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Reflections on Welcoming More Visitors with the Museums for All Program

December 3, 2019

By Ruth Hyde, Membership and Visitor Services Manager, Museum of Natural and Cultural History

In the summer of 2015, the Museum of Natural and Cultural History in Eugene was delighted to join the Institute of Museum and Library Service’s Museums for All program and offer reduced admission to Electronic Benefits Transfer (EBT) card holders, those receiving food assistance. Museums for All is a national, branded access program that encourages individuals of all backgrounds to visit museums regularly and build lifelong museum habits. Setting our Museums for All admission rates at $1 for individuals and $5 for families—a significant discount from our already affordable general admission rates of $6 and $12—we looked forward to welcoming more visitors for whom cost had been a barrier to the museum.  

Are people taking advantage of the program? Absolutely! And they are doing so in greater numbers each year.

But we saw a slow and sporadic response at the outset. Upon initial launch, we translated the official Museums for All (MfA) program language into Spanish and produced a bilingual poster for distribution to low-income serving sites around Eugene and Springfield. However, describing the program in both Spanish and English made for a text-heavy poster that likely discouraged readership, and there was no takeaway component that allowed people to keep the information with them and share it with their families. In addition, since the MfA program language was market-tested on a national scale, it missed certain elements that would speak more directly to local audiences—using “EBT card” instead of “Oregon Trail card,” for example, and promoting the nationwide initiative rather than our specific museum and all it has to offer.   

This strategy translated in very sporadic use of program and fairly uneven staff buy-in for the first year. Given few transactions using the discount, front-end staff were forgetting the discount process, leading to awkward conversations at admissions. We eventually recognized that simply having this discount was not the same as being welcoming.

Our museum wanted to be welcoming. So we realigned our approach.

Based on feedback from front-end staff, we learned that referring to an “EBT card” or “SNAP benefits” wasn’t always effective in communicating with visitors at the admission desk; most MfA program constituents were referring to their “Oregon Trail” card. We updated our marketing language to reflect this, and also shifted our strategy from promoting MfA as a standalone program that was primarily identified by its national brand. Instead, we began consistently incorporating our new, locally-tailored program language, adding a line about reduced admission for Oregon Trail cardholders to the standard admission language appearing across all of our marketing materials. This allowed our exhibits and programs to be the front-and-center message while simultaneously communicating the MfA benefit—a strategy that has proven much more engaging to the program’s target audiences.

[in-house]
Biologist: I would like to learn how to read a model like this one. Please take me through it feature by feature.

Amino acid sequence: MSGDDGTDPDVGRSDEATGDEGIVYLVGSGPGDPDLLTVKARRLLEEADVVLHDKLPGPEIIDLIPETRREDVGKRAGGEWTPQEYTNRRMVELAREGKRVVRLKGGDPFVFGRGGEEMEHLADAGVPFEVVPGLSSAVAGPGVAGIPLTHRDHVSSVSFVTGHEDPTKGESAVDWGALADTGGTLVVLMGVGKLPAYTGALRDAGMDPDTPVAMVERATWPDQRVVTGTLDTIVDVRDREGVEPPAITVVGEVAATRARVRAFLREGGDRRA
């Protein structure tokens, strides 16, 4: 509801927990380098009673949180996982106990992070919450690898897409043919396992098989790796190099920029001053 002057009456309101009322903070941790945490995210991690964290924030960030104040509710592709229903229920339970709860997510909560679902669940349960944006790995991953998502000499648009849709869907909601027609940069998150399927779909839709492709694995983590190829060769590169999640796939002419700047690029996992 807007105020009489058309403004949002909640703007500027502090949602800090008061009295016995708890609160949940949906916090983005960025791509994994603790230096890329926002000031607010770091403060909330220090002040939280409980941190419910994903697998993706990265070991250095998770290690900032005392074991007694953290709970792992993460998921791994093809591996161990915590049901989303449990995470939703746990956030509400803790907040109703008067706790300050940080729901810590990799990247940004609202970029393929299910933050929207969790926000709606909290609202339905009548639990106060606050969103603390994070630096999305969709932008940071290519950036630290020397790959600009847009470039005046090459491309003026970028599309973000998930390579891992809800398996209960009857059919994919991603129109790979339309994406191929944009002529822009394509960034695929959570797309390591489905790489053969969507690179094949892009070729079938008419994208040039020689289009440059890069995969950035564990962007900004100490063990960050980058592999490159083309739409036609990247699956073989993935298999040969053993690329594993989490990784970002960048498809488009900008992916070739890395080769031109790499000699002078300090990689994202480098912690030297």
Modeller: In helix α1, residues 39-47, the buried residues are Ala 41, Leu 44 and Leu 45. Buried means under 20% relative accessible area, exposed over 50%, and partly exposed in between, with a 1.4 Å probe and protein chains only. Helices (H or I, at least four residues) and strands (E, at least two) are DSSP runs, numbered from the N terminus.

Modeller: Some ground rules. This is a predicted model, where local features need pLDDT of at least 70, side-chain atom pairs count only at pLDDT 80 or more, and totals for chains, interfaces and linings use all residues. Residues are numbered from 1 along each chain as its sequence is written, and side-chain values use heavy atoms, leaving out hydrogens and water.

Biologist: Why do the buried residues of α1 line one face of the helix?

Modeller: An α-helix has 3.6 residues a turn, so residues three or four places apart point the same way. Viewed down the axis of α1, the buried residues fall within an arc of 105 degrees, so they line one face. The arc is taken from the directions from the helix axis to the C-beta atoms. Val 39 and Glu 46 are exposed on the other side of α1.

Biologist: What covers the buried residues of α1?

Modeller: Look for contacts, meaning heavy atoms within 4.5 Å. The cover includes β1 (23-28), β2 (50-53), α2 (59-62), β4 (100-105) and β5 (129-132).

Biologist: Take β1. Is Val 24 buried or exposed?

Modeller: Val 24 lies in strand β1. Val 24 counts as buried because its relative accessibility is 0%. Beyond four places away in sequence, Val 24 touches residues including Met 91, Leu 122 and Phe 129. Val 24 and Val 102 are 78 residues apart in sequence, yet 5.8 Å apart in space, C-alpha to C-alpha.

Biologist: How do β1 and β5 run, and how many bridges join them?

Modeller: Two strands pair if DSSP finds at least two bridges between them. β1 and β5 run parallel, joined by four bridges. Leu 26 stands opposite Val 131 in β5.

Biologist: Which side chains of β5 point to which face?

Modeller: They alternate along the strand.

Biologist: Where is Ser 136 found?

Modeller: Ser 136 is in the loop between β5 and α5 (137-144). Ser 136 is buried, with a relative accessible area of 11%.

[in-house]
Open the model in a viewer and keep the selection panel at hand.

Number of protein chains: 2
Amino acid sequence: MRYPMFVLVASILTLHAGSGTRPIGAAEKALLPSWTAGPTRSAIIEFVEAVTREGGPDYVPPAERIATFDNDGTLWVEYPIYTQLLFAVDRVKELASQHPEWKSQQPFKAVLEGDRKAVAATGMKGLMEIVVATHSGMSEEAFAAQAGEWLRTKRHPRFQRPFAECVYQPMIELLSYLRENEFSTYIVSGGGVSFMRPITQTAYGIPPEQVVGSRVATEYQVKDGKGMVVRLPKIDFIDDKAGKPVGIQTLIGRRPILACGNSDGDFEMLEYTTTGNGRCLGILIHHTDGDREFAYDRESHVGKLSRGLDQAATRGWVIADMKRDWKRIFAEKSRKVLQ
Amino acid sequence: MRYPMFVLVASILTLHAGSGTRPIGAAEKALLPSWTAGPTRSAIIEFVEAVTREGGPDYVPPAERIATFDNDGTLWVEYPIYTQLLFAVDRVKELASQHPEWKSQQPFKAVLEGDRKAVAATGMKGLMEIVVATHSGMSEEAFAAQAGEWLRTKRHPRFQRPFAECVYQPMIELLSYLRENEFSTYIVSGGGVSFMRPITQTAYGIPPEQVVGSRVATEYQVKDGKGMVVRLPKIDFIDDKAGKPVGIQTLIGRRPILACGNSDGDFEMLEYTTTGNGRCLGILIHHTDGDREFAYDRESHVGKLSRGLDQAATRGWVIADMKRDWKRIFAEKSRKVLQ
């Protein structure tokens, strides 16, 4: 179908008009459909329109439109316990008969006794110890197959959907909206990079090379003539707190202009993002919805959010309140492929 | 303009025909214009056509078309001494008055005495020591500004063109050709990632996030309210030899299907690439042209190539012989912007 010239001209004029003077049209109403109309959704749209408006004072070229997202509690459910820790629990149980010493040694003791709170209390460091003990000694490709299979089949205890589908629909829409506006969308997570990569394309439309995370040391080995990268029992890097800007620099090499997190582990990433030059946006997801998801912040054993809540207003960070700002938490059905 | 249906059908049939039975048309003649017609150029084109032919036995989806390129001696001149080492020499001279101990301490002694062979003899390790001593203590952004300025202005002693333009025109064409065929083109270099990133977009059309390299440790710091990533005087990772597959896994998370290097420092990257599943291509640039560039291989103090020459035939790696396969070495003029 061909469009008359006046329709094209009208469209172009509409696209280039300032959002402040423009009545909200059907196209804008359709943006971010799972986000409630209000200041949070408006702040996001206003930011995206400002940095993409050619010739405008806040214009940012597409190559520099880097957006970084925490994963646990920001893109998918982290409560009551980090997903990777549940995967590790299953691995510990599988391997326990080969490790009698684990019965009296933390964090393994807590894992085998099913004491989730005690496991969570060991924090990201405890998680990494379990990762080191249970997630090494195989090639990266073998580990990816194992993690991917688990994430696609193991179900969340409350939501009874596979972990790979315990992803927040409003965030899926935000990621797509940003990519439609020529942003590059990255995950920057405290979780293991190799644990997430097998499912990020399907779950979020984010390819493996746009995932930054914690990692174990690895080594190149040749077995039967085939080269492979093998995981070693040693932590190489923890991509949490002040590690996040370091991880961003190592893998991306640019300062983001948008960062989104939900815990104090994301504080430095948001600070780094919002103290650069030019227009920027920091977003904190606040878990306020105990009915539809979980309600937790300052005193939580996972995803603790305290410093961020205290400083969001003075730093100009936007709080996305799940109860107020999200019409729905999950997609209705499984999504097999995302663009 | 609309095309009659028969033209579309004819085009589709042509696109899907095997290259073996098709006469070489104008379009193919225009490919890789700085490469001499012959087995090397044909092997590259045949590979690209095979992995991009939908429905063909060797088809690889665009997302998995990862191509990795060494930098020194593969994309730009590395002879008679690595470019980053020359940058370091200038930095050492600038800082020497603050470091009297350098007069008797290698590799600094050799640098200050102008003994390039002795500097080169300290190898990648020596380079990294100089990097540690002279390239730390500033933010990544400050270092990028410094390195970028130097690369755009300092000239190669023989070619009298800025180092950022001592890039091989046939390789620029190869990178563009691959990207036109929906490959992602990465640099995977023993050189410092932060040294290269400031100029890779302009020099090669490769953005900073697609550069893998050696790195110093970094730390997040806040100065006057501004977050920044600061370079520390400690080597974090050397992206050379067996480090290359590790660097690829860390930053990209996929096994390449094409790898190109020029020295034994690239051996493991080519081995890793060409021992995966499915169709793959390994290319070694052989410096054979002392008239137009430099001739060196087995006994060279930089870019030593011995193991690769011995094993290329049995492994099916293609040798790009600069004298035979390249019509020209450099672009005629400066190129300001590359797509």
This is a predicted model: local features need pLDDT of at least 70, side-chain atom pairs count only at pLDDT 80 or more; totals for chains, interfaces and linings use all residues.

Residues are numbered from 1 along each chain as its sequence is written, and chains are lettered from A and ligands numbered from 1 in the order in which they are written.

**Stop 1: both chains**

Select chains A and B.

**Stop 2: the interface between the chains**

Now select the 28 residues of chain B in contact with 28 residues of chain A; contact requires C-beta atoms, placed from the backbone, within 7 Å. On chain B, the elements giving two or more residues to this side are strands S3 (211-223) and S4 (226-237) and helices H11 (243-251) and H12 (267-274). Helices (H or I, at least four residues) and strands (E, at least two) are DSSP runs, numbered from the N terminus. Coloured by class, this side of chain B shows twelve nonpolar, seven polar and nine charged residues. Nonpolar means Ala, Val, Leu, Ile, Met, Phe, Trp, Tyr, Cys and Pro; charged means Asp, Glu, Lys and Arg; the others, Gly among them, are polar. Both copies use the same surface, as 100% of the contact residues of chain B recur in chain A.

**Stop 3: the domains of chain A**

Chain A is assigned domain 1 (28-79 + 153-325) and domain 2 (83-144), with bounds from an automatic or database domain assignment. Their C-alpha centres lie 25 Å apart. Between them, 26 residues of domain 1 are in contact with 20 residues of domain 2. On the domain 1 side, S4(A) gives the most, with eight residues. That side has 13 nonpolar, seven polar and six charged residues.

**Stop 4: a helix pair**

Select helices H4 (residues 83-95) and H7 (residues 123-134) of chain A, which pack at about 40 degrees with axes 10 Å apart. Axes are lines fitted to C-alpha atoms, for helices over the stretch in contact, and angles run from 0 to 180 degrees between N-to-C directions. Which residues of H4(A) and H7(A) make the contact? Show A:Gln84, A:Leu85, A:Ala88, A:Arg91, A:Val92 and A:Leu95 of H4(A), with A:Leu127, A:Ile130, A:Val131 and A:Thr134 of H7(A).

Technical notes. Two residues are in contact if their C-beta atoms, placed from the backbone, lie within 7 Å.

Although MfA, as an initiative of the Association of Children’s Museums and the Institute of Museum and Library Services, is designed to target families, we are seeing equal numbers of young adults and seniors use the discount—an ideal outcome since our museum offers interactive experiences for all ages. The program has translated much better to a broad age demographic than we may have intended, but we are pleased with the result!

What have I learned? My biggest take-away is that being successful with this type of program takes time, ongoing relationships, and an all-in approach from public-serving staff, communications staff, volunteer exhibit hall interpreters, and program coordinators. With data that show us that simply offering free admission doesn’t significantly attract a more income-diverse audience, I’ve learned how critical is the need to refine our strategies and more effectively welcome underserved communities. We look forward to continuing with this program and inviting our whole community to connect with our museum.

*Museums for All is a national, branded access program that encourages individuals of all backgrounds to visit museums regularly and build lifelong museum habits. It is open to participation by any type of museum — including art, history, natural history/anthropology, and general museums, children’s museums, science centers, planetariums, nature centers, historic houses/sites, zoos, aquariums, botanical gardens, and arboretums. Learn more on the Museums for All website.

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